Is cash still king? Digital meal payments offer advantages cash can’t touch, and that’s why many districts go cashless. From cash-on-hand rules to proper security measures, districts must spend valuable resources to facilitate cash transactions. Daily bank deposit runs and purchasing bank bags, safes, and locking cash drawers add up.
The majority of point-of-sale (POS) transactions now happen digitally. Card, digital wallet, and electronic check purchases dominate payment choices at registers across the U.S., making consumers’ preferences clear. For school districts, it’s worth considering the time and cost savings of removing cash’s crown and simplifying school meal and fee payments by going digital.
Let’s dive into what’s typically required for schools to process cash payments:
1. Equipment and hardware:
Your POS software has the capabilities for cash transactions, but you still need a locking cash drawer to store funds. That’s an extra piece of equipment for each POS station, and it’s not always easy to remove and store if necessary. Additionally, you need a centralized safe or vault to store all the drawers or bank bags and extra cash during the weekends and extended breaks.
Drawerless POS systems are easy to set up and require less space than a locking drawer. Going cashless means eliminating cash storage and letting your technology handle the accounting. That translates to less equipment to purchase and maintain.
2. Collection, distribution, and deposits:
Time spent managing cash movement varies depending on the number of lunchrooms you have. Counting and collecting cash at the end of each service requires additional effort, and distributing cash for POS banks adds to set-up time. Regular trips to the bank to deposit funds squeeze nutrition staff members’ already-busy schedules.
No bank runs, no cash banks, and distributing funds to and from drawers. Give that extra deposit, set up, and downtime back to your busy nutrition staff.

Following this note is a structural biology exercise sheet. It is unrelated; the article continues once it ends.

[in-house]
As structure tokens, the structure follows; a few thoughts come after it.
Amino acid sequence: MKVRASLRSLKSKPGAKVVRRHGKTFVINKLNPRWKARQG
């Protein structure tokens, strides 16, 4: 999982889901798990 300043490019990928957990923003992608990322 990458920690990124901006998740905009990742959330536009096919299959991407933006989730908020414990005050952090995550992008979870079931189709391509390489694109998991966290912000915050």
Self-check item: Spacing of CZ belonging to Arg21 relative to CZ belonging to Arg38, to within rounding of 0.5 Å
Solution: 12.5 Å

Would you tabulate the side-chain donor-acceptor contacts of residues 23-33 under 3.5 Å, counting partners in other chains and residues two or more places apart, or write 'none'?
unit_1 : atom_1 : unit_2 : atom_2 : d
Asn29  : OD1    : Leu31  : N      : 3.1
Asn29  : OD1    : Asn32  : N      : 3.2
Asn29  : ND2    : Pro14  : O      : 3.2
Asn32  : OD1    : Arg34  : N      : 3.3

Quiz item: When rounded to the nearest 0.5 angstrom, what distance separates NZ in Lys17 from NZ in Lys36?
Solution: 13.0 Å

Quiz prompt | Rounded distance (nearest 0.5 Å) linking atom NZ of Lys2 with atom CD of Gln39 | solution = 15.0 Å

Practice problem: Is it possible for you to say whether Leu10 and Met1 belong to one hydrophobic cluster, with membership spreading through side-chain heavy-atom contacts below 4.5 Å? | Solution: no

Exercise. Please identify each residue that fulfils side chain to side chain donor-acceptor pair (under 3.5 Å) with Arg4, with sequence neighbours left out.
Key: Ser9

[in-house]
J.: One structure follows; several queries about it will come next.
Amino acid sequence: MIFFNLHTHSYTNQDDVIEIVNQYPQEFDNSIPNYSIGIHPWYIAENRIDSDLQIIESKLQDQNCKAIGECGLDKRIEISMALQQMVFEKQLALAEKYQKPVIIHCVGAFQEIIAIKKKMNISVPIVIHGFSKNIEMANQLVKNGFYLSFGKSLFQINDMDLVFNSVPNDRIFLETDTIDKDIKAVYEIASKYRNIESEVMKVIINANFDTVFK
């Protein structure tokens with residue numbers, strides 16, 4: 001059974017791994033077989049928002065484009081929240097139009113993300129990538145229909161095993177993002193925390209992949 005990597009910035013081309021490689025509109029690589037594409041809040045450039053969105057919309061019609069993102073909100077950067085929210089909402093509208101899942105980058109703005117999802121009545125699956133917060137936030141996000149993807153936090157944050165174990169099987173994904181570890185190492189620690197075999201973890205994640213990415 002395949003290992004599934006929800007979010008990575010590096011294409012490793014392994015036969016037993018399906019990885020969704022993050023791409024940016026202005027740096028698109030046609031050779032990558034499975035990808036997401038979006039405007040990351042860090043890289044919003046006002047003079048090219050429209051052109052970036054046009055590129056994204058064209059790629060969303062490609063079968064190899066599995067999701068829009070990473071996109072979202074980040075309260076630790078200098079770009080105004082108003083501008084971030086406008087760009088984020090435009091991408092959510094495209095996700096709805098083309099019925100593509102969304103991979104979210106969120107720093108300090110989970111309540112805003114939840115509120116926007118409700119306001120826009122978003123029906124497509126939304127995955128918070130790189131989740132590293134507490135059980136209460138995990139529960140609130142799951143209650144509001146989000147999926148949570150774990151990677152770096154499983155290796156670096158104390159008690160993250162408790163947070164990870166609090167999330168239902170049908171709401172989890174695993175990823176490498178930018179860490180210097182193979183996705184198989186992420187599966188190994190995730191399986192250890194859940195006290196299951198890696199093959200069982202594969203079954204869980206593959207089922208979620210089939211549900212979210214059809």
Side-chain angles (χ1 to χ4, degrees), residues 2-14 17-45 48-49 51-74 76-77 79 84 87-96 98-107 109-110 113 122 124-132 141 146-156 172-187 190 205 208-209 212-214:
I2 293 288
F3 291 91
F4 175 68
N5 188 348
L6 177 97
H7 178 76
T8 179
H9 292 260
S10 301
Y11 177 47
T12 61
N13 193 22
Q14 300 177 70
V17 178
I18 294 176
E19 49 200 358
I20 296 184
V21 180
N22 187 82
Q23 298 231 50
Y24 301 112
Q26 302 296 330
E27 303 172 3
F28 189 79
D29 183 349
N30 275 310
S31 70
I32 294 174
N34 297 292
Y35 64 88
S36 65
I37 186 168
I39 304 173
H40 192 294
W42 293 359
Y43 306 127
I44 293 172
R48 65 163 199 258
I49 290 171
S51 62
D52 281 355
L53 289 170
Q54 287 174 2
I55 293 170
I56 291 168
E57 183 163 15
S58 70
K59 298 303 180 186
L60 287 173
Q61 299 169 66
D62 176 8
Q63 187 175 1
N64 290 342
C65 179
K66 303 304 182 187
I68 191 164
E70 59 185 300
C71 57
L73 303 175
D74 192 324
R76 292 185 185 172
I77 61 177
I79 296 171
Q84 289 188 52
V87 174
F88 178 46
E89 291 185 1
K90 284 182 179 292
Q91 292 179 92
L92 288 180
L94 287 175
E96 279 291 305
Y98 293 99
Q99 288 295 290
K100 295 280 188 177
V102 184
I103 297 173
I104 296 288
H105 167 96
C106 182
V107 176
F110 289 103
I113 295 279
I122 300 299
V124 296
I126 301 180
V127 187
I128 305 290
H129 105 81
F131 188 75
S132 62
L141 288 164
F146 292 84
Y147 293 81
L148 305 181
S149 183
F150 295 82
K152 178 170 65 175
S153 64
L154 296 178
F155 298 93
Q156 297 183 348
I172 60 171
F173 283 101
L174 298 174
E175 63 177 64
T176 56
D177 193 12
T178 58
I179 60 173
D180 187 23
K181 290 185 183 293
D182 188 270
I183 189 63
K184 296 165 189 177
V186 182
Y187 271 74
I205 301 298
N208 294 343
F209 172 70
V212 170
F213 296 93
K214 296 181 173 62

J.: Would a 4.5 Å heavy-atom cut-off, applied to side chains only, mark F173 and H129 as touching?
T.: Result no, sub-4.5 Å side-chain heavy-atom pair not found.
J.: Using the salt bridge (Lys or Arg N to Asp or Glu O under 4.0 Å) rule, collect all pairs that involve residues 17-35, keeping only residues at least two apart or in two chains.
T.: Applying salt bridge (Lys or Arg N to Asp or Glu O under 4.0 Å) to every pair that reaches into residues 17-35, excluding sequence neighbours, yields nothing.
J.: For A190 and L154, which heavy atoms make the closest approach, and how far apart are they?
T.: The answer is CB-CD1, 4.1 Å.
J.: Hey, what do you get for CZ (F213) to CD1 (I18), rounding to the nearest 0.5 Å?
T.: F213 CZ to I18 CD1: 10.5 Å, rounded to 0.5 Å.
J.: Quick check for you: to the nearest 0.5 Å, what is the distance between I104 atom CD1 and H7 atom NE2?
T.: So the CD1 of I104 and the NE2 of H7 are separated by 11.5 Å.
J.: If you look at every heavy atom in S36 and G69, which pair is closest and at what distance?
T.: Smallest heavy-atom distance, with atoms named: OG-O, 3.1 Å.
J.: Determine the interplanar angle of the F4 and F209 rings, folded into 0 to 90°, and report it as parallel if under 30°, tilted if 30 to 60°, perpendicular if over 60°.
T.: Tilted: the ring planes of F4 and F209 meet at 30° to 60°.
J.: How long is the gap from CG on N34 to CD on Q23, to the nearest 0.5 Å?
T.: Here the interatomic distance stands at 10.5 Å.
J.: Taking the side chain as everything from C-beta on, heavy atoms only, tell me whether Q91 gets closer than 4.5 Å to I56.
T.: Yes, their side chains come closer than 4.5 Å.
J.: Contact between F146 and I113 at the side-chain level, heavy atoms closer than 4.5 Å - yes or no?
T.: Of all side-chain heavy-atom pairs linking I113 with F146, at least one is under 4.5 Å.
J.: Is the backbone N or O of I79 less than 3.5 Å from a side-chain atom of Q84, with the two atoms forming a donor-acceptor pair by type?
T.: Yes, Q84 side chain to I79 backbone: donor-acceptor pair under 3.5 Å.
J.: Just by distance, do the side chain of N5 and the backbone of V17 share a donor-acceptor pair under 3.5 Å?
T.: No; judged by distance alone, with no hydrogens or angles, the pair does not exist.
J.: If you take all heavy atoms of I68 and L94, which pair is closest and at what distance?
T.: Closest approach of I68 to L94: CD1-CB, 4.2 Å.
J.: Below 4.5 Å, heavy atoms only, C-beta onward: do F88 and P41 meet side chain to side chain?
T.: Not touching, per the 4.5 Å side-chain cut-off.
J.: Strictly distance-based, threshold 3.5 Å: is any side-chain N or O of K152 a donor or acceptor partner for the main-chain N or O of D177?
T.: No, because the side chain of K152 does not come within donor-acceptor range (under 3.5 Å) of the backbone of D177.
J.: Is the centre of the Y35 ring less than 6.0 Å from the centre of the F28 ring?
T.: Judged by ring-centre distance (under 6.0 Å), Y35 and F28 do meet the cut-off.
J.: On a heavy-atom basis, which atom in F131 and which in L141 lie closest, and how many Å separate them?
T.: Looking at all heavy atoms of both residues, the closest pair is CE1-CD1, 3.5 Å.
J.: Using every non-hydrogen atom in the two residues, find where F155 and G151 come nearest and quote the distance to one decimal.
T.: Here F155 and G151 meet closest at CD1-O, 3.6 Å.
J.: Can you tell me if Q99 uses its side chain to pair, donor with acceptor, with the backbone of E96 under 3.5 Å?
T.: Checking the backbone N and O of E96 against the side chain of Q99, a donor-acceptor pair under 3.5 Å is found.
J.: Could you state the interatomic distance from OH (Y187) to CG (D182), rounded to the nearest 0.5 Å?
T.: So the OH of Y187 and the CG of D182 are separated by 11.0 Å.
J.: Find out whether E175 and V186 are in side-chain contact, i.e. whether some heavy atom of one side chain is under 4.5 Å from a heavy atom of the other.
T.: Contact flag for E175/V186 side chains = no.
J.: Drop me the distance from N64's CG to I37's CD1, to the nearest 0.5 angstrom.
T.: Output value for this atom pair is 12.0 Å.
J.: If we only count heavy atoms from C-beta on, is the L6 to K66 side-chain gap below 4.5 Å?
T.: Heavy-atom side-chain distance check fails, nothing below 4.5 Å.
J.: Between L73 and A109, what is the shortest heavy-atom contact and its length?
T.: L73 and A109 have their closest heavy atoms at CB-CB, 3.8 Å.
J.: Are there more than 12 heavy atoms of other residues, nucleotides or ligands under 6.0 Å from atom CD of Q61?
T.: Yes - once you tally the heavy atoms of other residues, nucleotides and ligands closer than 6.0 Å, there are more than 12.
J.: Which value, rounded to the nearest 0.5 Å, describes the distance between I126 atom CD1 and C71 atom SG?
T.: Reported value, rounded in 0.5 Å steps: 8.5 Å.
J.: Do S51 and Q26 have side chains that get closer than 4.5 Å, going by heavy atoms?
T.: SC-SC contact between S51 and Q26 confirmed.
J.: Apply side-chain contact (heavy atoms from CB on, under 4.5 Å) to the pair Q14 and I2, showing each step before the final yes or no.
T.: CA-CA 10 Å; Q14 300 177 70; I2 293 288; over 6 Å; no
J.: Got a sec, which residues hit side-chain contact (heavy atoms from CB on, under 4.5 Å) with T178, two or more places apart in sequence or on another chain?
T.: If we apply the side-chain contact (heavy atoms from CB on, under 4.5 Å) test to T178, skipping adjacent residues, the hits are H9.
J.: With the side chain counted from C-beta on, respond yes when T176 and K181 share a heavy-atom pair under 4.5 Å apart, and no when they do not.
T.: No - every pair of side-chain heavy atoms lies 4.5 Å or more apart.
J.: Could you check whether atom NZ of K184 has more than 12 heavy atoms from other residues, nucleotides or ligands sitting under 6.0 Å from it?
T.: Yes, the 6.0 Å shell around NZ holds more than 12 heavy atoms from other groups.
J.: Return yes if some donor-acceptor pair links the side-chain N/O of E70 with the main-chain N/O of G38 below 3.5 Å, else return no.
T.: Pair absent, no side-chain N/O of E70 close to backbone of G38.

3. Counting and recording:
As cash is collected and distributed, a team member must audit the drawers and ensure everything is accounted for. Then they bring all the funds together and count them against transaction records at the end of the day. This leaves room for human error and inevitably requires time-consuming error corrections. Staff members eager to leave at the end of their shift can find themselves recounting cash to “find” an accounting error.
Going digital automates transaction records. There’s no cash to reconcile at the end of the day. Nutrition staff members can simply close out their POS systems and complete their end-of-shift duties without the added stress of counting and reconciling money.
4. Internal controls:
Typically, districts want more than one person present when counting cash to ensure proper protocol. That adds another person to the end-of-shift procedure. Additionally, funds may be audited at the school or district level to ensure consistency. There must also be a process in place if the accounts do not reconcile or what type of procedures to follow if problems are detected. Cash necessitates all of these internal controls because it must be carefully counted and reconciled at every step in its journey.
Digital systems track each penny as it moves throughout the system, ensuring exacting accuracy. That means controls involving staff members’ time and simpler audit procedures.
5. Regulation management: